Programme

Outline

Time (NZST)
9amPowhiri
10.30amMorning Tea
11amPlenary
12.30pmLunch
1.30pmConcurrent Sessions
3pmAfternoon Tea
3.30pmConcurrent Sessions
5pm Welcome Reception
Time (NZST)
9amConcurrent Sessions
12.30pmLunch
1.30pmPlenary
3pmAfternoon Tea
3.30pmConcurrent Sessions
6.30pmConference Dinner, sponsored by the Faculty of Education and Social Work
Time (NZST)
9amPlenary
10.30amMorning Tea
11amConcurrent Sessions
12.30pmLunch
1.30pmConcurrent Sessions
3pmAfternoon Tea
3.30pmConcurrent Sessions

*draft only, subject to change

Programme Snapshots

While our full programme is still in development, see below a curated snapshot of some of the fantastic sessions you will have to choose from at ITAC7.

Massive Making: Devising Theatre with Massive Theatre Company

Massive Theatre Company is a 32-year-old inter-generational theatre company based in Tāmaki Makaurau/Auckland who work locally, regionally and internationally.

Massive only makes new work either by devising or commissioning writers. Massive is an ensemble company who work with personal stories, experiences, and perceptions as the foundation of their work. They work with the physical, text and music. The actor and who they are is at the centre of their theatre making practice. Massive likes to be playful and rigorous when working together.

This ITAC7 workshop will be a full day so that you can experience who we are and how we like to create work with you. You will have three Massive teaching artists who are key company members so that you can get a sense of the ‘flavours’ that make Massive up.

We will introduce you as to how we place play at the centre of our work. How we develop and build ensemble, followed by you creating some small, devised pieces of theatre using some of our processes.

Prior to the workshop, we will send you examples of some of our theatre so you can see what we create when making larger theatre works. We will also ask you to prepare some small responses to provocations we will send out (nothing onerous we promise), and the work you devise will have these responses at the basis of your work.

By the end of the day we hope you have had a chance to play and create with others plus gain insight into how Massive Theatre Company approaches devising theatre.

Massive Theatre Company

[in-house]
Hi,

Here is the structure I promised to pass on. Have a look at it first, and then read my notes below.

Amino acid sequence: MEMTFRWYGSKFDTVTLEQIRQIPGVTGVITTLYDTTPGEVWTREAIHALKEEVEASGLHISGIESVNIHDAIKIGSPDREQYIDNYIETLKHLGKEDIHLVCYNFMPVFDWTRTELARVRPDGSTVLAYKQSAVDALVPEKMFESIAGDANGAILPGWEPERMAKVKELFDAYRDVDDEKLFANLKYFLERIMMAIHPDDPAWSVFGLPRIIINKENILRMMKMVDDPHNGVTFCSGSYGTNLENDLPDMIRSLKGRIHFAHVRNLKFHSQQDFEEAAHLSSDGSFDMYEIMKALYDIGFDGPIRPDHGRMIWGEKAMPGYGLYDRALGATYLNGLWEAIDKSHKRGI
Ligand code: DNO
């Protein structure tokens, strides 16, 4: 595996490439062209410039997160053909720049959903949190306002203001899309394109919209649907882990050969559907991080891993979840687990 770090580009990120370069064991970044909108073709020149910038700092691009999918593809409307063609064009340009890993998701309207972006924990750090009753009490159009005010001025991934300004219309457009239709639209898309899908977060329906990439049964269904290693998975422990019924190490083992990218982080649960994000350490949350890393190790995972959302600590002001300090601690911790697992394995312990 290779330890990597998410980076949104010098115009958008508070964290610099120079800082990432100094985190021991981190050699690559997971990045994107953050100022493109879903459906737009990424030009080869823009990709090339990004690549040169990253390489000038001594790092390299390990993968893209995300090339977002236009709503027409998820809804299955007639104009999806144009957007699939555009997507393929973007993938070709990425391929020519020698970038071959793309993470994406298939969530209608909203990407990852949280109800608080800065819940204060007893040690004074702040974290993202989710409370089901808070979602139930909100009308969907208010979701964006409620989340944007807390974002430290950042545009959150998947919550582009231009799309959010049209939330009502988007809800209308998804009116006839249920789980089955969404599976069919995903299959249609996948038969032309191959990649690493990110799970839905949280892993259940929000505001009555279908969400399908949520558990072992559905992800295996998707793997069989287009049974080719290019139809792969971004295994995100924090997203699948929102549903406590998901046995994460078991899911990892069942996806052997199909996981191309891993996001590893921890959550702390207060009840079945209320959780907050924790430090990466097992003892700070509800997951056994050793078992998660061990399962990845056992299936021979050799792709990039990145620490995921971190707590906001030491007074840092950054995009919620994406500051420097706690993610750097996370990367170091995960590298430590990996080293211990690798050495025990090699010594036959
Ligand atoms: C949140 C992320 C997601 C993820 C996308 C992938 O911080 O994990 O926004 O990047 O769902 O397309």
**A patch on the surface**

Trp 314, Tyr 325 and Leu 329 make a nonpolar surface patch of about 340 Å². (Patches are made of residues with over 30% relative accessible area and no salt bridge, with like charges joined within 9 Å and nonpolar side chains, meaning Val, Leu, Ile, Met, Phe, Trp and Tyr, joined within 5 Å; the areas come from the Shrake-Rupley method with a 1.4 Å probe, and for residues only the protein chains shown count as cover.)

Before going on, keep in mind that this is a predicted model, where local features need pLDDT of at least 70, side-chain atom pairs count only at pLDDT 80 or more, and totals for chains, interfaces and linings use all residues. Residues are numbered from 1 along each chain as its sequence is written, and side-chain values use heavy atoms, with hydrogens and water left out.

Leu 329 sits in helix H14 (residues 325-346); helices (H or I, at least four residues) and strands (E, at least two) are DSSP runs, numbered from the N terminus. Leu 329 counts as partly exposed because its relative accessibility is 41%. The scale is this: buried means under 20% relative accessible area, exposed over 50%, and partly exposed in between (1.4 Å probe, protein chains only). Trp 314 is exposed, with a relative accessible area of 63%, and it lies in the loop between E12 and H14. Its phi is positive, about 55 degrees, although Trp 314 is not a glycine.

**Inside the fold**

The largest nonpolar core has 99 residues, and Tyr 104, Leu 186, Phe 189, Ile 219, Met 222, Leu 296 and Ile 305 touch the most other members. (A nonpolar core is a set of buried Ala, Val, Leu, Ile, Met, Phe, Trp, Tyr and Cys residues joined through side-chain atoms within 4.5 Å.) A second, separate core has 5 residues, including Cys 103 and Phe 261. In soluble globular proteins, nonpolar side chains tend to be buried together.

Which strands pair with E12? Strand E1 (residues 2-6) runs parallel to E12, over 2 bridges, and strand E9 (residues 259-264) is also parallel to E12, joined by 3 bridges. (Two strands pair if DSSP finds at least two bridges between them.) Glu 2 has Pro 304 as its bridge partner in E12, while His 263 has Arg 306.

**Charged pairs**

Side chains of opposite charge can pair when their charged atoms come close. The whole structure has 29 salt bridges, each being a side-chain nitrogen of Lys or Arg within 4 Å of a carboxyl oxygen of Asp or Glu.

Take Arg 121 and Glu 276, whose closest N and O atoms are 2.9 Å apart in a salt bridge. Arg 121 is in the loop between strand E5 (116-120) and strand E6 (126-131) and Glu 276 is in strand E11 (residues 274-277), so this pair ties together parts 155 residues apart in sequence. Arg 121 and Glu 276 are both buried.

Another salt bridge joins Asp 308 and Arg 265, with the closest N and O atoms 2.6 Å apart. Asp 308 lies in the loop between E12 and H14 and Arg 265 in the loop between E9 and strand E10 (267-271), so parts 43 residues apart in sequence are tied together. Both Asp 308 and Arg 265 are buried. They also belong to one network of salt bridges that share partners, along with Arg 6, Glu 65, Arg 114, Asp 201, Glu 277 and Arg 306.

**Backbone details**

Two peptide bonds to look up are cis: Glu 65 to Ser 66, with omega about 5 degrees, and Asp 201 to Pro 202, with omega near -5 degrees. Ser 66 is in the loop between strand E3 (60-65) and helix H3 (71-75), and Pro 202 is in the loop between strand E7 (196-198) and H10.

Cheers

Founded by Samantha Scott MNZM in 1991, the Maidment Youth Theatre was later renamed Massive Theatre Company – a fusion company of emerging and professional artists. We are a professional physical ensemble company, creating new theatre with emerging and professional actors, directors and writers.  Our work comes from real stories, reflecting the rich diversity of Aotearoa. We are also a leading company in developing both our emerging and professional artists. Through access to free workshops and ongoing mentoring/training, emerging artists are able to become a part of the company from age fourteen and stay with us throughout their professional career.

Massive is a pathway, a whānau and a way to create excellent theatre.

A Journey to Toi Ora: Fostering Mental Health through Creativity

During this session, delegates will have the opportunity to visit and explore Toi Ora Live Art Trust in their vibrant Grey Lynn studio and exhibition space. This excursion offers the opportunity to discover how Toi Ora use creativity and the arts to inspire and support the recovery of people experiencing mental health challenges, witness firsthand the impact of participatory arts programmes in action, and hear from both Toi Ora staff and participating artists (tāngata whaiora).

Toi Ora

Toi Ora is an awards-winning community arts trust providing a creative space and learning opportunities for people using mental health services by providing a participatory arts programme for people 17 years and older.

Toi Ora promotes social, intellectual, and creative pursuits that enrich people’s lives, improve capacity, and de-stigmatise mental health towards broader social change. Through workshops tutored by professional practitioners covering painting, drawing, writing, poetry, creative writing, music, drama, and other subjects, Toi Ora aims for people to develop their strengths and potential in the arts in a safe and inclusive environment.

Toi Ora bridges the gap for those who come into contact with mental health, brain injury, addiction, and other support services with the exploration of creativity as a proven means to enhance recovery and maintain wellbeing. Toi Ora provides a pathway to personal recovery, peer support, training and career opportunities.